U.S. ARMY OR AIR FORCE GENERAL (O-10) TIE TACK / CLASP

Regulations concerning tie tacks or tie clasp devices are generally quite permissive across the five branches of the United States Armed Forces, with all of them allowing tacks and clasps featuring rank insignia as a design element. The specific rules regarding the wear of ties and tacks or clasps, however, does  from service to service; please consult the appropriate set of uniform regulations for applicable information on tie types, knots, and placement of tacks or claps.

While all services allow tacks or clasps featuring ornamentation including rank insignia such as the four stars of a General or Admiral, the color requirements of the Navy, Marine Corps, and Coast Guard only allow gold-colored tie devices. Therefore, this tie tack or clasps should be purchased for wear only by four-star Generals in the United States Army or Air Force.

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Military clothing has long been recognized for its major impact on men’s fashion and styles, and neckties are no exception. One of the earliest examples of soldiers with neckwear that bears a strong resemblance to modern neckties is found among some of the soldiers in the famous “Terracotta Army,” thousands of sculptures of Chinese warriors that were manufactured for burial with China’s first emperor, Qin Shi Huang, in approximately 210 B.C. Not all the statues depict soldiers with neckwear, which would seem to indicate that the wearers have some status as commanders or leaders, a theory bolstered by the fact that no other Chinese artwork features soldiers wearing any type of neckwear we would associate with ties.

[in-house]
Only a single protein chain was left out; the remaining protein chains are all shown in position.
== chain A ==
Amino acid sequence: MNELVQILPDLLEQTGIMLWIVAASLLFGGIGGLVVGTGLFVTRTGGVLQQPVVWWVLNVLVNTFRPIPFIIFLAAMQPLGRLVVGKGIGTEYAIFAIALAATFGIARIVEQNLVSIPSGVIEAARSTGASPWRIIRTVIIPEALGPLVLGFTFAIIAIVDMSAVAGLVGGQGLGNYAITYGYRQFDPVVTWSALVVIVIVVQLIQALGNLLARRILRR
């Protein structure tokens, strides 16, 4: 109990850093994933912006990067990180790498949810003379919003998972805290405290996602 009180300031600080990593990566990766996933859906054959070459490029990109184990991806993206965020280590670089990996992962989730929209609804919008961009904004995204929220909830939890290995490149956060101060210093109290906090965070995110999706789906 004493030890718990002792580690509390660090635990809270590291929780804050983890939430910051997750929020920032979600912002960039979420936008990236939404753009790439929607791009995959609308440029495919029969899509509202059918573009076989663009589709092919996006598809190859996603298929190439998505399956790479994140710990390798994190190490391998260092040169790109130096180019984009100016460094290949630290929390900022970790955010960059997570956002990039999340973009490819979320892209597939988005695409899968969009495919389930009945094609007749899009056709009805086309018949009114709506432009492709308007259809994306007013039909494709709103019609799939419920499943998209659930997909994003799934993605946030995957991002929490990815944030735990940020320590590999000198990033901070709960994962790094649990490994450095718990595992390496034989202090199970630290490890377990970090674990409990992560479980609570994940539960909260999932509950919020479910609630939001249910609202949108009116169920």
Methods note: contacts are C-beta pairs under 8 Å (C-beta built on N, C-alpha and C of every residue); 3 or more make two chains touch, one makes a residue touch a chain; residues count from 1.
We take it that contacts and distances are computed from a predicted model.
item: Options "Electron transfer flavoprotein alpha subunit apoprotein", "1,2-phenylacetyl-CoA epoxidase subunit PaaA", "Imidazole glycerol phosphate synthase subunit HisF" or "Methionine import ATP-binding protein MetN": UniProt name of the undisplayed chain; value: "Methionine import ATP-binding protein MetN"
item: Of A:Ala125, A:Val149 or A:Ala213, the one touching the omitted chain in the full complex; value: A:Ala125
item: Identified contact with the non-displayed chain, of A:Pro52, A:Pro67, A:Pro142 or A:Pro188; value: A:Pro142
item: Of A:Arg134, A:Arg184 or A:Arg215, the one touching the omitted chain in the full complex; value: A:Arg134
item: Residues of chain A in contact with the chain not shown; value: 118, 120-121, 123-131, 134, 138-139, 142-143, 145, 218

Over 300 years later, the Romans erected Trajan’s Column to celebrate the famous emperor’s success in the conquest of Dacia; the artwork on its spiral bas relief featured thousands of Roman soldiers wearing various types of neckwear. Just as with the Terracotta Army, this is the only example of Roman soldiers being depicted with neckwear, and it might have been added to the relief as a sign of respect and honor for the military achievement.

But these are theories, whereas actual recorded history points to a more recent origin for the necktie. During the Thirty Years’ War during the early 17th century, Croatian mercenaries fighting for the French arrived sporting colorful neckerchiefs that caught the attention of the fashion-conscious Parisians. Over the next couple of hundred years, these kerchiefs evolved into different types of neckwear, including cravats and ascots, but it was not until late in the 19th century that the long tie on which tie tacks or tie clasps are worn became popular.
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